Palin Becoming McCain’s Hit Person
John McCain, who has claimed he would conduct a decent campain, is apparently using Sarah Palin to do the dirty work he originally said wouldn’t be a part of his quest for the presidency. For example, during a town hall meeting in Louisiana in July, McCain, while trying to get Obama to join him in town hall meetings, proclaimed:
Senator Obama, truly has the opportunity to embrace a new kind of politics, by committing to participate in these history making meetings. And join in the higher level of discourse that Americans obviously would clearly prefer. My friends, we’re the world’s leader. And leaders don’t hide from history, they make history.
But if we’re going to lead, we have to begin by reforming the tenor of political discussion in our campaigns. Only then, will the American people trust that we can reform a government, that as you know, lost its ability to do so.
However, both in the debate with Joe Biden and in a subsequent interview with Fox News’ Carl Cameron, Palin pushed the idea that Barack Obama’s comments on the war in Afghanistan should disqualify him from seeking the presidency.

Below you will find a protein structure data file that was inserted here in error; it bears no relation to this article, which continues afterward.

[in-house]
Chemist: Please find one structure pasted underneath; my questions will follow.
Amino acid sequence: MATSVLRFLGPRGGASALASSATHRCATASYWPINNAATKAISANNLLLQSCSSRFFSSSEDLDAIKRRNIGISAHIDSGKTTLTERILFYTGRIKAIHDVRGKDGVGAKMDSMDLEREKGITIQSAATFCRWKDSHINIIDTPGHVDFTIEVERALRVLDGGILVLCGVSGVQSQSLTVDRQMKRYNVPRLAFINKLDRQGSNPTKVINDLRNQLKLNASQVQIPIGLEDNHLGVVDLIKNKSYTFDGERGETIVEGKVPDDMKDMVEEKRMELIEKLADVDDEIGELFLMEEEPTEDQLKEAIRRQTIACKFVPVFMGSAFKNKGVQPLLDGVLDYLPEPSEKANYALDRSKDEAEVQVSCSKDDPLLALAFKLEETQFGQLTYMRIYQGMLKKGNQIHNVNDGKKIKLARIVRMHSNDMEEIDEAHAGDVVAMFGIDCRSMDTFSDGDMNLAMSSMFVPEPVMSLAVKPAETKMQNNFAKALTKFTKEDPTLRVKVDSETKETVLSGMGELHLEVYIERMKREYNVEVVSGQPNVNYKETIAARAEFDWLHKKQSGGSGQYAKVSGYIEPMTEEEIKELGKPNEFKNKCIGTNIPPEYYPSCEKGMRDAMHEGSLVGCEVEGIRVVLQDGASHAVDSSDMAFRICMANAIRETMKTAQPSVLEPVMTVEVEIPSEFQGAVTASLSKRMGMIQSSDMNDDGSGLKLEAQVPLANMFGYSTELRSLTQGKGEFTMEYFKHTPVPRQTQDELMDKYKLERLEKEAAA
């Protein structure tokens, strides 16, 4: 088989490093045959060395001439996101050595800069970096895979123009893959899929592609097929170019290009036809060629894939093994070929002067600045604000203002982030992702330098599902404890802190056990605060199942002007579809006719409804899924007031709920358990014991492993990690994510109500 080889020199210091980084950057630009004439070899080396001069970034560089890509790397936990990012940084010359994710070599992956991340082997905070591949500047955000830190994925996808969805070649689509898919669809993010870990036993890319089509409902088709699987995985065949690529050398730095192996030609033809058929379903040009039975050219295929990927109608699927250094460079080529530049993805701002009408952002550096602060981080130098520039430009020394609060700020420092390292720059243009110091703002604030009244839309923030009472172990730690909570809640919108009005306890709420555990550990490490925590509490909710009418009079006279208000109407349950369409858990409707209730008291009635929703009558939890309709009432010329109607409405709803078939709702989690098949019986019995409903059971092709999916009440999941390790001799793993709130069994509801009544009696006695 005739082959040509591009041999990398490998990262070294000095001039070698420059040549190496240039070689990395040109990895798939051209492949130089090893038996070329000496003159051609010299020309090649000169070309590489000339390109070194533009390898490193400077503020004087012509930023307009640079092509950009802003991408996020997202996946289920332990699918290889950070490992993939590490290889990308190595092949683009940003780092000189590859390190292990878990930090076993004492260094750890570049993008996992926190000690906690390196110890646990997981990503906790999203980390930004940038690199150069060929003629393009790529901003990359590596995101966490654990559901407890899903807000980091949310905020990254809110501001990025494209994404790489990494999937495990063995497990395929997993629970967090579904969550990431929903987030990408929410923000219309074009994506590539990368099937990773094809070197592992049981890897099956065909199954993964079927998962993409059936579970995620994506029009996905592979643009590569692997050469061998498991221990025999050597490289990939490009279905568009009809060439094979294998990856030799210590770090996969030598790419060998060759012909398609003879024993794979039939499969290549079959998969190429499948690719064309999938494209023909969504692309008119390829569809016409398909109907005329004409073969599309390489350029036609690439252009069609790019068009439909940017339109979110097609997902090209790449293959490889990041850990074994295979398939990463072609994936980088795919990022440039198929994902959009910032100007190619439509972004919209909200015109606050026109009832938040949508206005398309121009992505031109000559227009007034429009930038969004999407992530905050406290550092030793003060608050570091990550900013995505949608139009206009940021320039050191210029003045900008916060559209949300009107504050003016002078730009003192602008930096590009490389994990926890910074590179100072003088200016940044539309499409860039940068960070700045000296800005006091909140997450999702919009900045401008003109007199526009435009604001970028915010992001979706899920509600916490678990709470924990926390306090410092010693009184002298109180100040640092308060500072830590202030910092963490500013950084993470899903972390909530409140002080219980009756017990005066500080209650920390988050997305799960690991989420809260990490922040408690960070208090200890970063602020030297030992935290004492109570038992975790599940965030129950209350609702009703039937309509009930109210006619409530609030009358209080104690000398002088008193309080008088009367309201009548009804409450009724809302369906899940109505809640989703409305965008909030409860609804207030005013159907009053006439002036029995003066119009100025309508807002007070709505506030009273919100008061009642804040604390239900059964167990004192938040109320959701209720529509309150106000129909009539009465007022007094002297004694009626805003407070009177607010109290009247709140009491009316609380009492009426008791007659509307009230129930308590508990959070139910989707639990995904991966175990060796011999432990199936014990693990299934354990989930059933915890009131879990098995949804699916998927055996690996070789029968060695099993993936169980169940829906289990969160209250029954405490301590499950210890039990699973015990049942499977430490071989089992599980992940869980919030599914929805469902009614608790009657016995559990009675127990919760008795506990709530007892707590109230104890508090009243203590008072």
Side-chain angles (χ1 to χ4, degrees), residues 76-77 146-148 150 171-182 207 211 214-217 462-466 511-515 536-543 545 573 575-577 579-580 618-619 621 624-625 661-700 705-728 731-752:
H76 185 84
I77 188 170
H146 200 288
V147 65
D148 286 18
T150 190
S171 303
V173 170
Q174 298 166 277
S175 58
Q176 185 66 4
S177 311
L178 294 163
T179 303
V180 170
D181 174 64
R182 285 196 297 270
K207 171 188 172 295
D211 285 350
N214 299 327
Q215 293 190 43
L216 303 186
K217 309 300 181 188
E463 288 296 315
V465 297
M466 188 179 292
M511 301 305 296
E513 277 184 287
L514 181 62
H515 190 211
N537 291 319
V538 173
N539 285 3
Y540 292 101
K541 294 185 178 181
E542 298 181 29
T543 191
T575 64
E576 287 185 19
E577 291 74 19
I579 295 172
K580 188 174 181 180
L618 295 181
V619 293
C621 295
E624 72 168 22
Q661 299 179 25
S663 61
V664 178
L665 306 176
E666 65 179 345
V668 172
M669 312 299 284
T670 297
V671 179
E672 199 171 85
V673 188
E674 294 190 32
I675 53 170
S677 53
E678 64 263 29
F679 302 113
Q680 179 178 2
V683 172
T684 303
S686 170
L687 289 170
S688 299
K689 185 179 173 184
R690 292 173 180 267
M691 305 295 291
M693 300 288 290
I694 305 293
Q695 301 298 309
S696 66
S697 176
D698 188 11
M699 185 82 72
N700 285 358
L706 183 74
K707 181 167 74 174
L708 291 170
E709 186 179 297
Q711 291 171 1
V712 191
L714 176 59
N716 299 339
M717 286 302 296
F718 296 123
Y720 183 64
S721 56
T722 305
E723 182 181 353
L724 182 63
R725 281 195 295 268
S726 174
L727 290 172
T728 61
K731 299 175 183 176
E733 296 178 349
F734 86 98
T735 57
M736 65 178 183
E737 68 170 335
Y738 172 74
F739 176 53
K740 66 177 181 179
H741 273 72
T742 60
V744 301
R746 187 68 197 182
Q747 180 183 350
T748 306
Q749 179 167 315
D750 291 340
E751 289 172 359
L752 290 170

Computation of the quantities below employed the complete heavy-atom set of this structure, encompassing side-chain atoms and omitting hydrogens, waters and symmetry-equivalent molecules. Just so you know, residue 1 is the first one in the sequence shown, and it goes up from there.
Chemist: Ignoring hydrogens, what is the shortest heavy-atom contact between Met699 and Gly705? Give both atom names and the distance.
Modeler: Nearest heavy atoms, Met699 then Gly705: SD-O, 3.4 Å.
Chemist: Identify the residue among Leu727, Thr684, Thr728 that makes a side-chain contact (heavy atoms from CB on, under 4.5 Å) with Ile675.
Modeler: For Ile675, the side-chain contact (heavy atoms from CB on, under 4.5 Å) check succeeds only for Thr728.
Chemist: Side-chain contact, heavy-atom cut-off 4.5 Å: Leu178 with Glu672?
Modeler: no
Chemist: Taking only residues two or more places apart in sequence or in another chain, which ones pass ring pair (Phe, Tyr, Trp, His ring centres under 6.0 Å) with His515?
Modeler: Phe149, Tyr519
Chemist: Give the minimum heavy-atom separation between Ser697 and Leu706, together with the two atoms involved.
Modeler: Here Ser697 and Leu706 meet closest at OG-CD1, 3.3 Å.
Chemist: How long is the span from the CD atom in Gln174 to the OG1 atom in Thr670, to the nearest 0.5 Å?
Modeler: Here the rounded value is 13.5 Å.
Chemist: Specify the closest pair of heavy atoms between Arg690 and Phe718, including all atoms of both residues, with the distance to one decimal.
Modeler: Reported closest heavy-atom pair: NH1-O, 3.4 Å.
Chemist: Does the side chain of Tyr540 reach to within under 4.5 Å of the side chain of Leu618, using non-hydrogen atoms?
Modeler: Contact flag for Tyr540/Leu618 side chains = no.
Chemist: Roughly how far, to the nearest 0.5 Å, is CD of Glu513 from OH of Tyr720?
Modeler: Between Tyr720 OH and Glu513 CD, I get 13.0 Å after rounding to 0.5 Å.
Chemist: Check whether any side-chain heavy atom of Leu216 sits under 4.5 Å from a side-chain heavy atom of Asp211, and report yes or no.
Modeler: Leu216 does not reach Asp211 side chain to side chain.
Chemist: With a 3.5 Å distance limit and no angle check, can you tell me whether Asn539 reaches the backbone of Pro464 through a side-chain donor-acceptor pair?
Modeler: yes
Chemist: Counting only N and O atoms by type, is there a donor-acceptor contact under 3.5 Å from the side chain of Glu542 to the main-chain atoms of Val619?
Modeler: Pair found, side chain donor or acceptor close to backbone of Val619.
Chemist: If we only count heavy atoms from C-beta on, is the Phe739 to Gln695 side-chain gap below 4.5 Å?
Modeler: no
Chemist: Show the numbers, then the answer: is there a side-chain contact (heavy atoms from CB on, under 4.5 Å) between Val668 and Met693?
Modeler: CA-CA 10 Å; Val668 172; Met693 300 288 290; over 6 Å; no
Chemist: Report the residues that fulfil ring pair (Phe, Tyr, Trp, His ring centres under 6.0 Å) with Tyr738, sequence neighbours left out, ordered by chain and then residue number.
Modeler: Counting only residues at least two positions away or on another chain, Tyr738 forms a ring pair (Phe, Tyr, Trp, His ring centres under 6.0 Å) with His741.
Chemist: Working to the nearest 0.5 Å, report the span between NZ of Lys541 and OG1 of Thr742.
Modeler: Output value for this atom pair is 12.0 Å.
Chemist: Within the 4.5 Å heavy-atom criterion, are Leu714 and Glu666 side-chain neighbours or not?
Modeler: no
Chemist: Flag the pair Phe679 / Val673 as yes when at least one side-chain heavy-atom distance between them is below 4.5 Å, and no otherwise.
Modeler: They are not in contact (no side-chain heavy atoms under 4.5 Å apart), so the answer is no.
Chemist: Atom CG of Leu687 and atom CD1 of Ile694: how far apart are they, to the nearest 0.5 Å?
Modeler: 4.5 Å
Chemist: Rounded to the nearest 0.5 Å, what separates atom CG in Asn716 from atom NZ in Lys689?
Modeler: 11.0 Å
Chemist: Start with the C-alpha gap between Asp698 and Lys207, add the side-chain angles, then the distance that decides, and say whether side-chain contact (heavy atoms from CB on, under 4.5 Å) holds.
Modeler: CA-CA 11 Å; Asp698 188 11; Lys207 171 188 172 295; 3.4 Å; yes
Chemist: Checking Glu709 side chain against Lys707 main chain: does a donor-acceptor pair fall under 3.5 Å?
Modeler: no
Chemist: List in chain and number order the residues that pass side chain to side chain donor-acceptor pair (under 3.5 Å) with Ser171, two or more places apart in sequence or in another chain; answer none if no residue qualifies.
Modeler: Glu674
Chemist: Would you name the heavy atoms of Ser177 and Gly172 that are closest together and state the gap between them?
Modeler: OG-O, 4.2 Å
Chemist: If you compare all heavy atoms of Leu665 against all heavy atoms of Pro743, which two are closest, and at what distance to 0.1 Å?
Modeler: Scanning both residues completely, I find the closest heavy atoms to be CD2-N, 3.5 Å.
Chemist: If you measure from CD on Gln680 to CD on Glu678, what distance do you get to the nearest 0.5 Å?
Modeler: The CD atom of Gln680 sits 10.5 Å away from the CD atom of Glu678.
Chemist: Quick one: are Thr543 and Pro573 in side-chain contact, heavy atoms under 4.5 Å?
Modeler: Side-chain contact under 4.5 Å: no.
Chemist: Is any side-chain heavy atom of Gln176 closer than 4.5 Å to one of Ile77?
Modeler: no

“Some of his comments that he has made about the war that I think may – in my world- disqualifies someone from consideration as the next commander in chief.” Palin said, “Some of his comments about Afghanistan and what we are doing there supposedly- just air raiding villages and killing civilians. That’s reckless.
This is what Obama said in August, 2007 in Nashua, NH:
“We’ve got to get the job done there. And that requires us to have enough troops so that we’re not just air-raiding villages and killing civilians, which is causing enormous problems there.”
What’s being ignored here is that at the time of Obama’s remark (a) There had been more civilian casualties caused by western forces than by insurgents and (b) President Bush concurred with what Obama said, expessing concerns about these civilian deaths.
As of Aug. 1, the AP count shows that while militants killed 231 civilians in attacks in 2007, Western forces killed 286. Another 20 were killed in crossfire that can’t be attributed to one party.
Afghan President Hamid Karzai expressed his concern about the civilian deaths during a meeting last week with President Bush.
Bush said he understands the agony that Afghans feel over the loss of innocent lives and that he is doing everything he can to protect them. He said the Taliban are using civilians as human shields and have no regard for their lives.
“The president rightly expressed his concerns about civilian casualty,” Bush said of Karzai. “And I assured him that we share those concerns.”Click here for reuse options!
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